Perhaps to be more accurate is the concept one shouldn’t judge other people as versed with just judging things or ideas..?  Again, on the surface this seems to make sense but then I began to reflect upon situations in my past and suddenly the ‘wisdom’ in trying not to judge other people was less clear.  I thought back to my rather turbulent teenage years when I made some very questionable choices; to be honest I made a plethora of really stupid decisions.  I remember hanging out briefly with a group of my peers in my early teen years that were into things like destruction of property, petty theft and drinking.  In some convoluted thought process only a teen could conjure up let alone understand I thought I was being ‘cool’.  Yet as I heard about some of this group’s ‘accomplishments’ I began to realize I was uncomfortable with what they were doing in the name of ‘being cool’.  I can thank my wonderful upbringing from my parents for allowing me to finally realize this not only wasn’t cool but it was causing harm and grief to others; as such I didn’t want to be a part of this crowd!  At this time I judged these people as being destructive and causing harm to others and hence I didn’t want to associate with them.  Was I wrong in judging these peers?  I don’t think so.  Last I’d heard a couple had actually ended up being arrested; had my judging these people and deciding I didn’t want to be like them been something that was inherently bad?  Hardly; the way they were living their lives was what was inherently bad – another judgment from me – and I judged I didn’t want to live that way.  So here I’d judged my fellow humans, found them to not be up to the standards I was raised with and hence shunned associating with them.  Was this a case of judging my fellow-man and hence undertaking something which was not good..?  While I don’t believe anyone could make a case for my continuing to run with that questionable crowd my decision to not so required I judge them by their actions.

As I’ve matured I’ve been involved in judging my fellow humans on a regular basis yet I would mostly say these acts were not bad or untoward.  During my working years I often had to fill positions at my place of employment; as such I had to interview potential candidates and using predetermined criteria judge their ‘fit’ for the position.  Without question this was judging other human beings yet was it wrong?  I never thought so at the time nor do I believe so now; I was asked to fill job openings and the only way to effect this in an acceptable manner was to review candidate’s skills, backgrounds and experience and the make a selection.  So once again I was doing what at some time seemed wrong; I was judging other human beings.  If one was to truly take to heart the concept that one shouldn’t judge another human being how could one select a candidate for an open position?  The more I pondered these concepts the more examples I found in my own life and those of my fellow humans which required judging.  When seeking a relationship with other people one must look at said people with some degree of judgment.  If seeking a partner one must evaluate a possible partner in terms of their lifestyle, likes, dislikes, morals and a myriad of other characteristics.  This evaluation by nature involves making judgments; I see no other way it can be accomplished.  But there’s that rub once again; one is judging another human being.  So now what seemed so right on the surface has, with deeper consideration and reflection, proved to be something that we humans can almost not avoid doing and, indeed, is often required of us in our culture and society.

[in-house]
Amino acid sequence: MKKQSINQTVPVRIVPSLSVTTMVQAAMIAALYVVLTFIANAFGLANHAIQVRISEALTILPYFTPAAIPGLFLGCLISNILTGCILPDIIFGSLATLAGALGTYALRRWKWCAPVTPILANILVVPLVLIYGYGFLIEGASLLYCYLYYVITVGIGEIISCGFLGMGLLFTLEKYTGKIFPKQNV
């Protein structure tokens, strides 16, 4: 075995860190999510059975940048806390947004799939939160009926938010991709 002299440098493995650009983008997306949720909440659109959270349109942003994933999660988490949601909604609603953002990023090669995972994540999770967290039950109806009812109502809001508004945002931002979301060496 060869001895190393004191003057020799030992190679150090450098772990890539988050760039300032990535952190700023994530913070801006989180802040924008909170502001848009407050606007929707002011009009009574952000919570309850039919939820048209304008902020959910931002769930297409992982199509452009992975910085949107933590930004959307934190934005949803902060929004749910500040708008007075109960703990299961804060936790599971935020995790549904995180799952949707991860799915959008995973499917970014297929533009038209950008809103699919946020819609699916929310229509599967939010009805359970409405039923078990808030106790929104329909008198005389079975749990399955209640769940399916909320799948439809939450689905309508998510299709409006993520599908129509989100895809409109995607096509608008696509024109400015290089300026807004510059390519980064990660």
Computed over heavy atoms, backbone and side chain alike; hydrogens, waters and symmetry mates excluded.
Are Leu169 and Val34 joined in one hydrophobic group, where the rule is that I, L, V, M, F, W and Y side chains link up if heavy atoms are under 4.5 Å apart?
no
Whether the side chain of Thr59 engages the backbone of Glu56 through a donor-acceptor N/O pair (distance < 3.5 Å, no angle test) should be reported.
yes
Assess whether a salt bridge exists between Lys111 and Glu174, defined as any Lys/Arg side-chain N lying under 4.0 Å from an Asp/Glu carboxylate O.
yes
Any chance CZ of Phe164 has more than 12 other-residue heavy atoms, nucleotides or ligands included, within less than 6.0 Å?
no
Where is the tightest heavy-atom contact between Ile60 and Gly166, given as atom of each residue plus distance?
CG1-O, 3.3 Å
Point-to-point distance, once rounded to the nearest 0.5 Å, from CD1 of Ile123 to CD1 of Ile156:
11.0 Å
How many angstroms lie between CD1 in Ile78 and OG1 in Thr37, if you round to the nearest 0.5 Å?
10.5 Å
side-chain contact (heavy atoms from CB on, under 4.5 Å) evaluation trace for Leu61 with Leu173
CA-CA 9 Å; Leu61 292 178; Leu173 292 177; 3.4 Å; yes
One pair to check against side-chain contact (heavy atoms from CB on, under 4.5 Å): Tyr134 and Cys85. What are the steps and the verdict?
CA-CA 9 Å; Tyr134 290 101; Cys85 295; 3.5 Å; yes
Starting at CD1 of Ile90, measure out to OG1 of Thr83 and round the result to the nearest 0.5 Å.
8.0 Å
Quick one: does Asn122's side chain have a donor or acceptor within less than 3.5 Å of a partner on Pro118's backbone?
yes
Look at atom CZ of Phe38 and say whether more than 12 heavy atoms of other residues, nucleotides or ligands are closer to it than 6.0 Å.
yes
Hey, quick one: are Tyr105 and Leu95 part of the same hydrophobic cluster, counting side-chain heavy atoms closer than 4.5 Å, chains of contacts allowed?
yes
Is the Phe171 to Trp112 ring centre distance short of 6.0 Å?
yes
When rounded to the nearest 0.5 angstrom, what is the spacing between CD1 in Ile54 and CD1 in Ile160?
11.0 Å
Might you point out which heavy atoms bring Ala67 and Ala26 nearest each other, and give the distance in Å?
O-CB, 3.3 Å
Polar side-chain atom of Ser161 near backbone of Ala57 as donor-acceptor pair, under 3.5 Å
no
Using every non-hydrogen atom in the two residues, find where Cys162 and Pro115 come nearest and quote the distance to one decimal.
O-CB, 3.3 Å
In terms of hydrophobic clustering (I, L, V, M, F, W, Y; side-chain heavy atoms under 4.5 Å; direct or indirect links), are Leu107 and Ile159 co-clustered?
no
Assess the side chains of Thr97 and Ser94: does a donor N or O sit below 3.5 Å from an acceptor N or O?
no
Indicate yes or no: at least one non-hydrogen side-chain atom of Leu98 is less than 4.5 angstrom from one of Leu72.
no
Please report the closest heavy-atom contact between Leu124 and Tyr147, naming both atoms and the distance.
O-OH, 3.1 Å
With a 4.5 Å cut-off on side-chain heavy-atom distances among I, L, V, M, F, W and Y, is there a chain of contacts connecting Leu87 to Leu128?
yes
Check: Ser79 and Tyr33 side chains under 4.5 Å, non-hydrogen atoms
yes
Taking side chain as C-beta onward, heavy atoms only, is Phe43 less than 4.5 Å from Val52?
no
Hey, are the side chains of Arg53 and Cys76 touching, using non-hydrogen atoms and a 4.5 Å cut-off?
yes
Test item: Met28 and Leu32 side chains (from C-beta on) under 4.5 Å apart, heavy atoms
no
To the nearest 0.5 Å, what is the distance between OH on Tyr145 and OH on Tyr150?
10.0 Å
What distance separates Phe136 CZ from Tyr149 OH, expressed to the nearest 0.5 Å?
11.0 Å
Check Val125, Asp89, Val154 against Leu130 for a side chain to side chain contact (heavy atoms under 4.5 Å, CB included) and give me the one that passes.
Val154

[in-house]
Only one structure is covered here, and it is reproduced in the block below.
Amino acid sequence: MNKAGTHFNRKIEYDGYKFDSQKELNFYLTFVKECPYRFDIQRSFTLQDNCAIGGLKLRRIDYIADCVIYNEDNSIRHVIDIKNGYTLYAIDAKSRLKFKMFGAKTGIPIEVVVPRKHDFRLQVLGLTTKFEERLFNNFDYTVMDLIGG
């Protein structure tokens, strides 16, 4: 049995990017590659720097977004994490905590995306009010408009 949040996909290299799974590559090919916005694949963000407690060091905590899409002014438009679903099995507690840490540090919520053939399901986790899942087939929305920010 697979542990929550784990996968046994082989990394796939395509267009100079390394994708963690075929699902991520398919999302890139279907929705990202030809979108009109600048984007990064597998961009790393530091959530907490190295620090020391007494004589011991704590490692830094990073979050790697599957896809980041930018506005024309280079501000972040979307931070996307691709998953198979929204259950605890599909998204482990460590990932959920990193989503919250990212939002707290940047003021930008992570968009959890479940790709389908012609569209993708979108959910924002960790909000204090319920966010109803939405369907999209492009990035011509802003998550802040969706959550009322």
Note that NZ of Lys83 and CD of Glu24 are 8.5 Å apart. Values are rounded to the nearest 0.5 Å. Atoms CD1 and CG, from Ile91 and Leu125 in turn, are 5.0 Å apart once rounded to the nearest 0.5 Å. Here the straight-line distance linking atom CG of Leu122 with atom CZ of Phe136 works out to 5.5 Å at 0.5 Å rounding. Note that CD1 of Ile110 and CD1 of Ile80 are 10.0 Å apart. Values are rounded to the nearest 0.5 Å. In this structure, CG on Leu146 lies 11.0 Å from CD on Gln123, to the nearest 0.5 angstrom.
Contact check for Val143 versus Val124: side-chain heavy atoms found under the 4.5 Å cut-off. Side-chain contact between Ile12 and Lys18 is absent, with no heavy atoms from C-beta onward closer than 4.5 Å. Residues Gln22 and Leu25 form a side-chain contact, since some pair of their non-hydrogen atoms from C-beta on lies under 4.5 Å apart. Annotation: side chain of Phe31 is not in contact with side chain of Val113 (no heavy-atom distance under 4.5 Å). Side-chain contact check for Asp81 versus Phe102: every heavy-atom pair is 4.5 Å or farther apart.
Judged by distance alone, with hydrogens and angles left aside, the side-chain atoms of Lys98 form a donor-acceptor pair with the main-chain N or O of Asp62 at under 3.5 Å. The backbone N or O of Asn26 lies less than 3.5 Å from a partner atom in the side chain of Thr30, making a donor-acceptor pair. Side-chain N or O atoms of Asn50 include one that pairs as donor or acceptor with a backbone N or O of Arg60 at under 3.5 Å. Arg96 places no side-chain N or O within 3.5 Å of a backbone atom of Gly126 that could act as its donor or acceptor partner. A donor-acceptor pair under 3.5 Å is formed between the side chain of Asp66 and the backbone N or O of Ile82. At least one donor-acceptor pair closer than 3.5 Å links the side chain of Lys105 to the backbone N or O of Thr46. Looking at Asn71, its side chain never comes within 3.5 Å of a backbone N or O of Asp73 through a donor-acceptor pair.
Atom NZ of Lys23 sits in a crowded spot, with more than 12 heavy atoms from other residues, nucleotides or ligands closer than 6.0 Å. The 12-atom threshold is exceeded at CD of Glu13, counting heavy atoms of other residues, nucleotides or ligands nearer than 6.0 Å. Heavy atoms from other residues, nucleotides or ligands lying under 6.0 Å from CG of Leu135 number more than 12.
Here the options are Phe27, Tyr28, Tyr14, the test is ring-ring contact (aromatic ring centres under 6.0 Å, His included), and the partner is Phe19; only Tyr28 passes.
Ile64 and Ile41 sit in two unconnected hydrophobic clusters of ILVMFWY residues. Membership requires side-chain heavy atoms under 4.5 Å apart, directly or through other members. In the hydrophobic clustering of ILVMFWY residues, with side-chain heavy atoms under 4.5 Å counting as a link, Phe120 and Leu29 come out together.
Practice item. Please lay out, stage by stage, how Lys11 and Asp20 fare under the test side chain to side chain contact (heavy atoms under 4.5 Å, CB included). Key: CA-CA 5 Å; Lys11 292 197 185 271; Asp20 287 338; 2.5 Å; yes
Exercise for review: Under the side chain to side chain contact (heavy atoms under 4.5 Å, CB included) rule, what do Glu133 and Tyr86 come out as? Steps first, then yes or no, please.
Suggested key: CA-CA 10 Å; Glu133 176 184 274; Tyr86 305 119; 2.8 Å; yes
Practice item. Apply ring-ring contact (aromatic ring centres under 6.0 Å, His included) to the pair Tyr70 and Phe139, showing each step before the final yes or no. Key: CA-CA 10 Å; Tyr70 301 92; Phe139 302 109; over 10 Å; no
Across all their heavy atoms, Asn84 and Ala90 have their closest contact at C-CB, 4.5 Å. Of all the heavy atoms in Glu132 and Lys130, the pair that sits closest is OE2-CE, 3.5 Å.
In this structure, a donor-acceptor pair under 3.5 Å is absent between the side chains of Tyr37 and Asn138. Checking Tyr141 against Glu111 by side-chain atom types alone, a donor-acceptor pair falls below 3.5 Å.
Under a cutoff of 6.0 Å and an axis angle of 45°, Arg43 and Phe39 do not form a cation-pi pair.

Okay, then maybe what those who espoused being non-judgmental were really trying to say was that we shouldn’t judge our fellow human beings in terms of morals or ethics..?  Once again on the surface this would seem to be a good thing but when one really digs into the issue it’s not so clear-cut.  Philosophies abound within human civilization and many are not mutually agreeable and some are downright at odds. We’ve all heard of ‘the ends justify the means’ and for the most part this is not something that is acceptable nowadays for some very solid reasons.  Yet more than just a few people can see situations when this concept is valid.  How do those of us who feel this can never be an acceptable approach to life deal with people who do accept the concept to varying degrees?  We can choose to argue this viewpoint or not to associate with these people but in so doing we’ve judged them on their beliefs.  A large tenant of Islam is that it is the only ‘true’ religion and as such should be practiced by all.  What of the Christians, Jews, Hindus, Buddhists or Wiccans out there; are they all non-believers?  If so has the religion of Islam – and hence those who do practice it – not judged all people who do not practice that religion?  Quite suddenly the concept of not judging other humans based on their moral, ethical or philosophical beliefs doesn’t seem to make much sense.